About Ballina

About Ballina

Are you looking for Ballina Accommodation? Ballina is at the mouth of the Richmond River, among white, sandy beaches and shimmering rivers, lakes and waterways, the island town of Ballina is the commercial and cultural heart of the Shire.

It’s a unique blend of tranquil country hideaway and vibrant seaside resort, where holiday-makers of all ages and from all walks of life are welcomed by an equally diverse local community.

The streets of downtown Ballina are lined with stylish cafes and restaurants, classic country pubs and modern clubs that offer first class dining and entertainment. There are pools, parks and entertainment centres offering loads of fun for the kids, and you can visit museums, galleries, expos and festivals bursting with the vibrant works of local craftspeople. There are antique and curio shops and, for the dedicated shopaholic, a mind-boggling choice of boutiques and designer stores.

The coastline is a beach lovers dream with sheltered coves, vast ocean beaches and some of the world’s finest surf breaks. The beach fishing is legendary and if you wet a line from the North or South Wall, you’ll be in for a reel treat!!

Population:

Approximately 20,000.

Main Industries:

Tourism, fishing, sugar cane, macadamia nuts.

Average Temperature:

Summer 28 degrees C (82 degrees F).

Winter 21 degrees C (70 degrees F).

Coastline:

32 kilometres (20 miles) in Ballina Shire.

Rainfall:

About 1200/1500 mm a year (50/60 inches).

Location

Ballina is located on the Pacific Highway, and was established on the northern shore of the Richmond River near Cape Byron, Australia’s most easterly point, in the 1840s. Ballina boasts some of the most beautiful surfing beaches and picturesque headlands on the east coast of Australia, such as Angel’s Beach. It is approximately 750 km (466 mi) north of Sydney and 205 km (127 mi) south of Brisbane. It is home to the World’s Largest Prawn (made of concrete and fibreglass).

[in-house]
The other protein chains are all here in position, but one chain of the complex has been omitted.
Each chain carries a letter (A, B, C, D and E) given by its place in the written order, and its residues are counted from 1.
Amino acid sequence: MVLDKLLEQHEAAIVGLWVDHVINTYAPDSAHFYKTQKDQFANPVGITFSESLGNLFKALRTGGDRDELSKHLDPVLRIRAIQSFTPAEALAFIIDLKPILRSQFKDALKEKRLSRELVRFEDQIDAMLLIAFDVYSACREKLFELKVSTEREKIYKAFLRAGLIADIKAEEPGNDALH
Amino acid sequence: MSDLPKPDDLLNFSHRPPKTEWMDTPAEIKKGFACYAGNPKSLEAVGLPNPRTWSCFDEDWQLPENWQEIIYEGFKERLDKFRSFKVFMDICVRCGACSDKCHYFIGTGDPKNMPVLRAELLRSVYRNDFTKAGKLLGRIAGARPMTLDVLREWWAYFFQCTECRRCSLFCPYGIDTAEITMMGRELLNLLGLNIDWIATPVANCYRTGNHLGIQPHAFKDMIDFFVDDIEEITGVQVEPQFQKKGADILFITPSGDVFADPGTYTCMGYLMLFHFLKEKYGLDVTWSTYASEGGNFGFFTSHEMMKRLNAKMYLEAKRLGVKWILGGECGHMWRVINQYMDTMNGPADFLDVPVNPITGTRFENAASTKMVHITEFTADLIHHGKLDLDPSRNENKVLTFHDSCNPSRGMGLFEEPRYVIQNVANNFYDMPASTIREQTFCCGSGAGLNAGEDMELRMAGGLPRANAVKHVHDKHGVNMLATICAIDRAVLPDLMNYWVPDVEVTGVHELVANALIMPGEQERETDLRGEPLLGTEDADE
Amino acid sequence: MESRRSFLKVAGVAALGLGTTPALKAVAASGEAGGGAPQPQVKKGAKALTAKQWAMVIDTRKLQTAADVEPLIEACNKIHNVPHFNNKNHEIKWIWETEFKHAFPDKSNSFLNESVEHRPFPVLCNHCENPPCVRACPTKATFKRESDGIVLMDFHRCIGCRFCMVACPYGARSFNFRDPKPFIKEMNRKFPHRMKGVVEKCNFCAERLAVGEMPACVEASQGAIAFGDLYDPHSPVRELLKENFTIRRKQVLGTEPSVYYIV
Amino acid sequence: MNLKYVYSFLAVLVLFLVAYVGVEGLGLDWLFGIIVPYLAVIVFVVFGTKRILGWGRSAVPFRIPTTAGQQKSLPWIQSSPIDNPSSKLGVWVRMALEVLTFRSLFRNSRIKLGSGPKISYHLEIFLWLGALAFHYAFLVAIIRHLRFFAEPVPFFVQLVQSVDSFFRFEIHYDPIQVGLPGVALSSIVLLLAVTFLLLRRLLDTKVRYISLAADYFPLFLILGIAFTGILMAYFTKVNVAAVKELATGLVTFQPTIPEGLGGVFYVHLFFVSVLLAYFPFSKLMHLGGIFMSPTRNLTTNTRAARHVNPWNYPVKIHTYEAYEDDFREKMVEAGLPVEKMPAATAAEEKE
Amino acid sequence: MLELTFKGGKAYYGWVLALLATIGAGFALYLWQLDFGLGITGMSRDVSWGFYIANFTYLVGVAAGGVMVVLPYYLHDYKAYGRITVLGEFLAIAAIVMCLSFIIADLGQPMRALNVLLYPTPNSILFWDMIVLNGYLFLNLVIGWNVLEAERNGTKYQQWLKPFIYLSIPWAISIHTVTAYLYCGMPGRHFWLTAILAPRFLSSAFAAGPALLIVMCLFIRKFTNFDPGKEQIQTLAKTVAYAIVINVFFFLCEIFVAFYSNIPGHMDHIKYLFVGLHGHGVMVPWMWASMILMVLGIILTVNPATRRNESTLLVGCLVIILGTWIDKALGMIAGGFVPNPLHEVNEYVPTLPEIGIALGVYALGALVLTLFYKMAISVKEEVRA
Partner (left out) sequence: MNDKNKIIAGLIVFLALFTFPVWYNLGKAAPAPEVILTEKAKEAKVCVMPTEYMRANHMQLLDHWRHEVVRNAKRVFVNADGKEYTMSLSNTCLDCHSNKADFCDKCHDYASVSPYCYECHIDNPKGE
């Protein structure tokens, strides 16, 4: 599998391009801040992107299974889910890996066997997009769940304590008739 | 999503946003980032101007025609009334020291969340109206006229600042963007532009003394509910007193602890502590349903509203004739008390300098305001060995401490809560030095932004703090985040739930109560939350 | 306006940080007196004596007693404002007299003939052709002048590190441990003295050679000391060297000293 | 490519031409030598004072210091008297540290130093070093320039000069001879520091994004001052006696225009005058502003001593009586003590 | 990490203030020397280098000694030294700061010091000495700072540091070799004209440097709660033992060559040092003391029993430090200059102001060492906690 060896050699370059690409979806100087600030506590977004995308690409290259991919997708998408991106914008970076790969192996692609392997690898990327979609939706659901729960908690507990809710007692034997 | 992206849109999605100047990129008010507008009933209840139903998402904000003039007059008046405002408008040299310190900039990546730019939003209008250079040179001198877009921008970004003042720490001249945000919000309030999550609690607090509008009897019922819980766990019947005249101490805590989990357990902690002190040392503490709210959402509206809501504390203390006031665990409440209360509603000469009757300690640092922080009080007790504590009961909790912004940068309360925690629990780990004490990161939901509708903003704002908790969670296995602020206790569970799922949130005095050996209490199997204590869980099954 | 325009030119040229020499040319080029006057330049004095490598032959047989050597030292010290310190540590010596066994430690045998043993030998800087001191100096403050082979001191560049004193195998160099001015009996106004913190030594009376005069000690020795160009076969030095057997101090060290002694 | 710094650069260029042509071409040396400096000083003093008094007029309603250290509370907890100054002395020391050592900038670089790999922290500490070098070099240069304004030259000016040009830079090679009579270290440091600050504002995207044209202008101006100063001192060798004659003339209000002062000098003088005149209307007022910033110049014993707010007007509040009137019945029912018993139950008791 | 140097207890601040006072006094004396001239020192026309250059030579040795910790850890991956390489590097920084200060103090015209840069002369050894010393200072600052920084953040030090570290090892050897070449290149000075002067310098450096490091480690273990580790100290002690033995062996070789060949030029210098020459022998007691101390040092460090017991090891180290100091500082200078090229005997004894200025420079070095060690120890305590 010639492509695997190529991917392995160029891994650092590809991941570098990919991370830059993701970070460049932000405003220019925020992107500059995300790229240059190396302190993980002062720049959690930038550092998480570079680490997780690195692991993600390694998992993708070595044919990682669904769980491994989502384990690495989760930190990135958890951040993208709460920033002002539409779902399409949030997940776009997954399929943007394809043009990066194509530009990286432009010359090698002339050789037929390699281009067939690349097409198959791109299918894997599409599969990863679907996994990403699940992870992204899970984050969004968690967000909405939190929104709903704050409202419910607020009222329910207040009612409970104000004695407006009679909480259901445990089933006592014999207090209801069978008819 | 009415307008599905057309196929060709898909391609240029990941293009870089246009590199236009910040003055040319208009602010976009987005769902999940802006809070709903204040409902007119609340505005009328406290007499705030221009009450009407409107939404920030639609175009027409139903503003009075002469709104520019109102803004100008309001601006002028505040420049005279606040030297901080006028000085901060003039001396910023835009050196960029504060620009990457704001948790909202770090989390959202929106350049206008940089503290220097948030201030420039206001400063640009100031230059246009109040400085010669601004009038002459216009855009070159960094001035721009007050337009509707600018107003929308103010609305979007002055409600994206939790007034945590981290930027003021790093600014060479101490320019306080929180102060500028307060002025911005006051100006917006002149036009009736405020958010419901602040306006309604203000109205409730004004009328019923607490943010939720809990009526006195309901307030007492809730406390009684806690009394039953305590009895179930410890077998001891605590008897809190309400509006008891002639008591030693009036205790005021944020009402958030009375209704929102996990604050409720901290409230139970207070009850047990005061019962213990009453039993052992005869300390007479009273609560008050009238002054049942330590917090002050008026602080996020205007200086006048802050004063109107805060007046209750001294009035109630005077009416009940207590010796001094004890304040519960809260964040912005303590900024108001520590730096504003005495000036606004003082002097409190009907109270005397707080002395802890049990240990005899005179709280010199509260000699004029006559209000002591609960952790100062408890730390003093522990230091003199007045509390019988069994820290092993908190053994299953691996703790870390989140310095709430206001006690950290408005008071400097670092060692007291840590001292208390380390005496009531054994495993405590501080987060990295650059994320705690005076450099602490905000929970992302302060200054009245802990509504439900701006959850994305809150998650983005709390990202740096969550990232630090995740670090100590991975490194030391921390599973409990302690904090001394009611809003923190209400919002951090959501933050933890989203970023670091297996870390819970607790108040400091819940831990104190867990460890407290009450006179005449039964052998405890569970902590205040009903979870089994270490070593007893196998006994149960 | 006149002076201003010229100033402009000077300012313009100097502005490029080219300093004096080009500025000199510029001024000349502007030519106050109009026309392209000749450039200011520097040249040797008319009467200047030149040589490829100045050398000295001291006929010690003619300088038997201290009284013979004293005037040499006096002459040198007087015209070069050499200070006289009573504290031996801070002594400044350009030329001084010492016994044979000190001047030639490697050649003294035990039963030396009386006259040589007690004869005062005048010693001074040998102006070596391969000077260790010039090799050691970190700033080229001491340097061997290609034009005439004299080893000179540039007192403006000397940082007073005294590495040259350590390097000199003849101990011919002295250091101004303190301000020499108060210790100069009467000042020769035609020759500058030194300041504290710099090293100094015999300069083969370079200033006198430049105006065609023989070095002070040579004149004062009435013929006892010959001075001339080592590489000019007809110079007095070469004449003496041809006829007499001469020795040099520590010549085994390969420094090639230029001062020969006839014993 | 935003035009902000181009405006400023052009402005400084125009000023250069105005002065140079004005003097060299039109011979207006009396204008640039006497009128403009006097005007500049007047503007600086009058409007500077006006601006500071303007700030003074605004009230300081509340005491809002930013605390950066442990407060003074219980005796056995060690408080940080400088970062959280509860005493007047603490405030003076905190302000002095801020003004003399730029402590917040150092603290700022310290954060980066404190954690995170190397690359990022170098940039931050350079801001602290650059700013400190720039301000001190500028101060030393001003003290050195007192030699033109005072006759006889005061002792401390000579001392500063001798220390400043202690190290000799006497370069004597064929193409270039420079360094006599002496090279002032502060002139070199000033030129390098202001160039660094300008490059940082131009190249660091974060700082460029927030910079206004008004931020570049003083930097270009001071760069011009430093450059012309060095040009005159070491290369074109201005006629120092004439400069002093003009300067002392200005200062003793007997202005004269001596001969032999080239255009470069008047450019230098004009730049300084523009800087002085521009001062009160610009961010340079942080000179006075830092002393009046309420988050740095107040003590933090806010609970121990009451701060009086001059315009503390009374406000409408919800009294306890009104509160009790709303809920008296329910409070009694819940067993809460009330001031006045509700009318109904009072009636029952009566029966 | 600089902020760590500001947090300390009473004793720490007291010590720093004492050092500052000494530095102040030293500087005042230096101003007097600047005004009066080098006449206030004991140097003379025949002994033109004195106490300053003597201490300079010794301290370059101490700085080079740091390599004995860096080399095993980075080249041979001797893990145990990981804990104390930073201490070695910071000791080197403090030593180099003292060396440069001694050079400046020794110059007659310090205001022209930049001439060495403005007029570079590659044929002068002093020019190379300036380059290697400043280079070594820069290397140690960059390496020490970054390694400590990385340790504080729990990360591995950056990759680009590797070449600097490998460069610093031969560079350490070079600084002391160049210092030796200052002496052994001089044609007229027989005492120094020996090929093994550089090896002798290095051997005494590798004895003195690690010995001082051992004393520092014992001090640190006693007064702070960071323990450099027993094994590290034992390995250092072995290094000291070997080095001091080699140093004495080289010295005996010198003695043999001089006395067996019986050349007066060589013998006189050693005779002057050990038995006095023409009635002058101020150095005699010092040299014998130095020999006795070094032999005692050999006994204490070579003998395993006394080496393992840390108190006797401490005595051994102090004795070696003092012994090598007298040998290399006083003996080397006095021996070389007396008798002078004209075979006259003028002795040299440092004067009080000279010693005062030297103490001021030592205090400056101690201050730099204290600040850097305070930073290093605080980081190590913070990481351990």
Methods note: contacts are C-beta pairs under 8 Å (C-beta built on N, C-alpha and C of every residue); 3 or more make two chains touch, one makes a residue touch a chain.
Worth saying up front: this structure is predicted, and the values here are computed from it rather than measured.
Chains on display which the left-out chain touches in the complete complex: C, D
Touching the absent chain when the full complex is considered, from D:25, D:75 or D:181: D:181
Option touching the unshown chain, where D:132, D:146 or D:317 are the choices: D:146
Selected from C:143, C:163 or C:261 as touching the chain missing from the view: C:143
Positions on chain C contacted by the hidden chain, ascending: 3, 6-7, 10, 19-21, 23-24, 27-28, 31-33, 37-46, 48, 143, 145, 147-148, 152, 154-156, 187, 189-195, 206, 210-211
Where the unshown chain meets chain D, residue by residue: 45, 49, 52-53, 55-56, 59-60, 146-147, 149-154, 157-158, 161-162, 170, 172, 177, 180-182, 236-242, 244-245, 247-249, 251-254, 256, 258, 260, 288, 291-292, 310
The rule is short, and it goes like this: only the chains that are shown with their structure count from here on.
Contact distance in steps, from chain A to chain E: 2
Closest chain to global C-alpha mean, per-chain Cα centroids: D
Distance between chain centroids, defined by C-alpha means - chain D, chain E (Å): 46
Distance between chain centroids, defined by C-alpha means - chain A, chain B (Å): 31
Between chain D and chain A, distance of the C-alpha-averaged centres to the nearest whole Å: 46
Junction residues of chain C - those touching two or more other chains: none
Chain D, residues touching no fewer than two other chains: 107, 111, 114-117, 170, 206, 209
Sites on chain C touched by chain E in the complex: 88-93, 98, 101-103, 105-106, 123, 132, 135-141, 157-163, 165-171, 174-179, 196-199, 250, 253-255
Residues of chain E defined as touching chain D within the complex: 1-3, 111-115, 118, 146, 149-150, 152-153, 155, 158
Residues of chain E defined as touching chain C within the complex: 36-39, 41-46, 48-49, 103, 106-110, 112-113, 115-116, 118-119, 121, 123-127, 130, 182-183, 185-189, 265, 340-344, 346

Ballina is situated on the mouth of the Richmond River, which was an important transport route for the region for the first 100 years after settlement. The river and its estuaries abound with marine wildlife and are used for recreational fishing and water sports.

History

Ballina has a number of famous “landfalls” associated with it. In 1928, Charles Kingsford Smith’s plane, the “Southern Cross”, crossed the coast over Ballina after its epic journey across the Pacific. Ballina had a festival associated with the event during the 1970s and 1980s, and a school in East Ballina bears the name “Southern Cross”.

In 1973, the Las Balsas rafts were towed into Ballina by fishing trawlers after their journey from Ecuador.  They had planned to arrive in Mooloolaba in Queensland, but currents forced them off their course. Their journey was almost twice as long as the Kon-Tiki expeditions of 1947 and proved that people could have travelled across the Pacific in ancient times.

A branch railway line connected Ballina with the Casino-Murwillumbah Railway at Booyong. The line was opened on 24 August 1930 and closed on 12 January 1949.